From The Irish standard (Minneapolis), 20th September 1919
San Francisco, Sept. 17.
Setting forth publicly for the first time his interpretation of the League of Nations
covenant as it affects Ireland. President Wilson said in a statement that the league would constitute a forum before which could be brought all claims for self-determination which are likely to affect the peace of the world.
Welcomed by the noise of cheers, steam whittles and sirens, President Wilson arrived in San Francisco at 9:30 a. m.
"The covenant would not bind the United States to assist in putting down rebellion in any foreign country," he asserted, "nor would it limit the power of this country to recognize the independence of any people who seek to secure freedom." He said Ireland's case was not heard at Versailles be
cause it did not come within the jurisdiction of the peace conference.
The president's statement was in reply to a series of questions sent to him by the San Francisco Labour Council. It is understood that within a few days he will reply similarly to questions put by other labour bodies regarding Shantung and the representation of the British dominions in the league assembly.
Replying directly to a question as to his attitude toward self-determination for Ireland, Mr. Wilson said his position was expressed in Article XI of the covenant, under which it is declared
"any member nation can call the attention of the league to any circumstance whatever affecting international relations which threaten to disturb inter national peace or the good understanding between nations upon which peace depends."
The president's statement detailing the labour council's questions and his answers follow:
1. Under the covenant does the nation obligate itself to assist any member of the league in putting' down a rebellion of its subjects or conquered peoples?
Answer—It does not.
2. Under the covenant can this nation independently recognize a government whose people seek to achieve, or have achieved, their independence from a member of the league?
Answer—The independent action of the government of the United States in a matter of this kind is in no way limited or affected by the covenant of the League of Nations.
3. Under the covenant are those subject nations or peoples only that are mentioned in the peace treaty entitled to the right of self-determination, or does the league possess the right to accord a similar privilege to other subject nations or peoples?
Answer—It was not possible for the peace conference to act with regard to the self-determination of any territories except those which had belonged to the defeated empires, but in the covenant of the League of Nations it was set up for the first time, in Article XI, a forum to which all claims of self-determination which are likely to disturb the peace of the of the world or the good understanding between nations upon which the peace of the world depends can be brought.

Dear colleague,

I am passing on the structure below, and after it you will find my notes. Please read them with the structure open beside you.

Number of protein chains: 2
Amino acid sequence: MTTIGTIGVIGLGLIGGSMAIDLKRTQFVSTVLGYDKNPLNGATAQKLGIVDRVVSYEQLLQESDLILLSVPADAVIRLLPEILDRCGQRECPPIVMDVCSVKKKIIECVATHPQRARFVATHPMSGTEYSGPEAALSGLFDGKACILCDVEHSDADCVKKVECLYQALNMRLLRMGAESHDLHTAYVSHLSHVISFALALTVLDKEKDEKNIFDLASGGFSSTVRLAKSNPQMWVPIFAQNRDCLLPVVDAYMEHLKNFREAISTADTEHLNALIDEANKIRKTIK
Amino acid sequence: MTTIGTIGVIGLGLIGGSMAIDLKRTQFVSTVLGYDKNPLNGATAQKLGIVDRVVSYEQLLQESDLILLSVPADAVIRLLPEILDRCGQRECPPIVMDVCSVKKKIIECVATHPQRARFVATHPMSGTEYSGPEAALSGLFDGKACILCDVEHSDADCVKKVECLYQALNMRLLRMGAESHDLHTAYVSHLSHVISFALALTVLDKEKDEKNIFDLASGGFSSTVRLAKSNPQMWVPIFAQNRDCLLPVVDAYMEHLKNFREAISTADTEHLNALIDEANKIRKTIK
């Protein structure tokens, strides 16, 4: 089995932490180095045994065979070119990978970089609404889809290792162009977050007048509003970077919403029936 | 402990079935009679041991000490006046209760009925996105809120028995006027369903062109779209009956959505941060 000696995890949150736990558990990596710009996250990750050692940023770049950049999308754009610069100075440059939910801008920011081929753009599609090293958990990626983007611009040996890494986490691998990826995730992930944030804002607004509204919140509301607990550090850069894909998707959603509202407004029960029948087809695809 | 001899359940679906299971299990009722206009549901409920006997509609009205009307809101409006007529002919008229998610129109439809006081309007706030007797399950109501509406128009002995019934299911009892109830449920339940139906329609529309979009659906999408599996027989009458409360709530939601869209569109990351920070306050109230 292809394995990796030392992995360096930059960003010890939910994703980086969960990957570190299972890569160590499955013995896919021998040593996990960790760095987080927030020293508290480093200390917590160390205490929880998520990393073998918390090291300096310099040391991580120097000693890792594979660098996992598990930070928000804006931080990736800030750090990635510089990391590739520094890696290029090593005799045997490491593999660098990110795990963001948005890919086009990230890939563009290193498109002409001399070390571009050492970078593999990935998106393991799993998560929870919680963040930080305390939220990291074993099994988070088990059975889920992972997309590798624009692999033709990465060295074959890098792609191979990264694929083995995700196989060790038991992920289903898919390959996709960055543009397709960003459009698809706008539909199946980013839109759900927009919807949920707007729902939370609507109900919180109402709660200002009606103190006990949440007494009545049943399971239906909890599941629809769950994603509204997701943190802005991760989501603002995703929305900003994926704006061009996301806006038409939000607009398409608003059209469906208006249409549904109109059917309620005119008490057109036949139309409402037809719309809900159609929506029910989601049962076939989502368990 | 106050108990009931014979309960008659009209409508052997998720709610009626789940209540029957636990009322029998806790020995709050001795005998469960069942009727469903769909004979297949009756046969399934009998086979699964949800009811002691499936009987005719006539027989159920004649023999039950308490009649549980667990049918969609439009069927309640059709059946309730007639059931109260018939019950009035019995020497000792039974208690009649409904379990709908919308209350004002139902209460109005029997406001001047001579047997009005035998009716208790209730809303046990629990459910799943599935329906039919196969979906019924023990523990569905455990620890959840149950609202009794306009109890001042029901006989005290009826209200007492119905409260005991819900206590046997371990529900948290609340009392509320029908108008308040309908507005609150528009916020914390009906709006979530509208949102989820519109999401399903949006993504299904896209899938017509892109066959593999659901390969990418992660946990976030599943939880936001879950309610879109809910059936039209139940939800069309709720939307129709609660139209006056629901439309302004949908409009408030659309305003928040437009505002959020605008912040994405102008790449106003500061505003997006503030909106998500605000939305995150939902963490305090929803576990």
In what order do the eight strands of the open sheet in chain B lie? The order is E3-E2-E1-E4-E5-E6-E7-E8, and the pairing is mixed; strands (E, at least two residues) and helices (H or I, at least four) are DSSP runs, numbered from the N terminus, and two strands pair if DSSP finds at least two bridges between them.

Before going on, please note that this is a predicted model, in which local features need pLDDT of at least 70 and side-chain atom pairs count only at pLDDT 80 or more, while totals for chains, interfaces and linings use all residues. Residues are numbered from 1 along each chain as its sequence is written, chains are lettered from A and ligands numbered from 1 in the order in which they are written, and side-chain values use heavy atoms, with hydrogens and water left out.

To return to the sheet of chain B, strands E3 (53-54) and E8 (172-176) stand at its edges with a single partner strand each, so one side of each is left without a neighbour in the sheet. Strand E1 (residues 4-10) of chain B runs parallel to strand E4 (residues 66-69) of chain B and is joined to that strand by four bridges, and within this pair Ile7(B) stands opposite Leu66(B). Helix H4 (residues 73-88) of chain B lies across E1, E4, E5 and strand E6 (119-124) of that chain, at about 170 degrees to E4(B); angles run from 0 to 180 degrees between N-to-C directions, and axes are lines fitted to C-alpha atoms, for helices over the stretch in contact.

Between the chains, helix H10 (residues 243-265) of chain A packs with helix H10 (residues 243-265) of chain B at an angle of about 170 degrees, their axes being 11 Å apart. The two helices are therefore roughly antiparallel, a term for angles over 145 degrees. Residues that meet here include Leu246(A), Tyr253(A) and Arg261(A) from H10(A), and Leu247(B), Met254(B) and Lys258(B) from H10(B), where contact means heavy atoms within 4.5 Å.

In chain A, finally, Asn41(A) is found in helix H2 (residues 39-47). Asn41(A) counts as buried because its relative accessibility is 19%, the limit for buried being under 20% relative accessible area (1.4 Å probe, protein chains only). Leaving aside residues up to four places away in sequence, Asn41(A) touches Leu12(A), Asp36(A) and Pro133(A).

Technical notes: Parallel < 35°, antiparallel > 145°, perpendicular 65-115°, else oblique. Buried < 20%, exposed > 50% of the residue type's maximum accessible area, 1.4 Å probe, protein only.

4. Why was the case of Ireland not heard at the peace conference, and what is your position on the subject of self-determination for Ireland?
Answer—The case of Ireland was not heard at the peace conference because the peace conference had no jurisdiction over any question of that sort which did not affect territories which belonged to the defeated empires. My position on the subject is-ex self-determination for Ireland is expressed in Article XI of the covenant in which I may say I was particularly interested, because it seemed to me necessary for the peace and freedom of the world that a forum should be created to which all peoples could bring any matter which was likely to affect the peace and freedom of the world.
Distribution of Lies About Ireland Condemned by Belfast Journal.
Belfast, Ireland, Sept. 6.—The Belfast Examiner, Ulster's leading newspaper, gives prominence to the following dispatch from London: "Much has been hoard about recent revelations of secret documents made by the German Republican Government. Nothing issued from Weimar or Berlin could possess a tithe of the public interest that would be taken in the communications from British agents at Washington and New York to the Foreign Office in London if it were possible to publish them. The situation in the United States is becoming more serious every day—for England. Excited journalists who are willing to write any quantity of 'propagandist' literature themselves at a reasonable rate per thousand words clamour hoarsely for the initiation of something like a regular English State Department to operate on an extensive and unprecedented scale upon American public opinion but 1believe the wiser and cooler Englishmen in the United States are throwing buckets of cold water on the proposal. They explain that Americans look on these 'propagandist' exercises with feelings of distrust and contempt. The American people are at once enthusiastic and wide-awake. They may be deluded for a short time, but they are proof against obvious attempts to befool them by methods with which they’re perfectly familiar. America has, in fact, made up its mind on the issue between England and Ireland, and the English observers or the spot are telling the chiefs at home that the timework doing something more than spending millions on (he distribution of stuff like Ian Hay's lies cannot be safely deferred. "Mr. Lloyd George is beset by a thousand difficulties of his own creation—and it. is satisfactory to know that the Irish question is the most dangerous and, in some respects, the most pressing of his well-deserved troubles."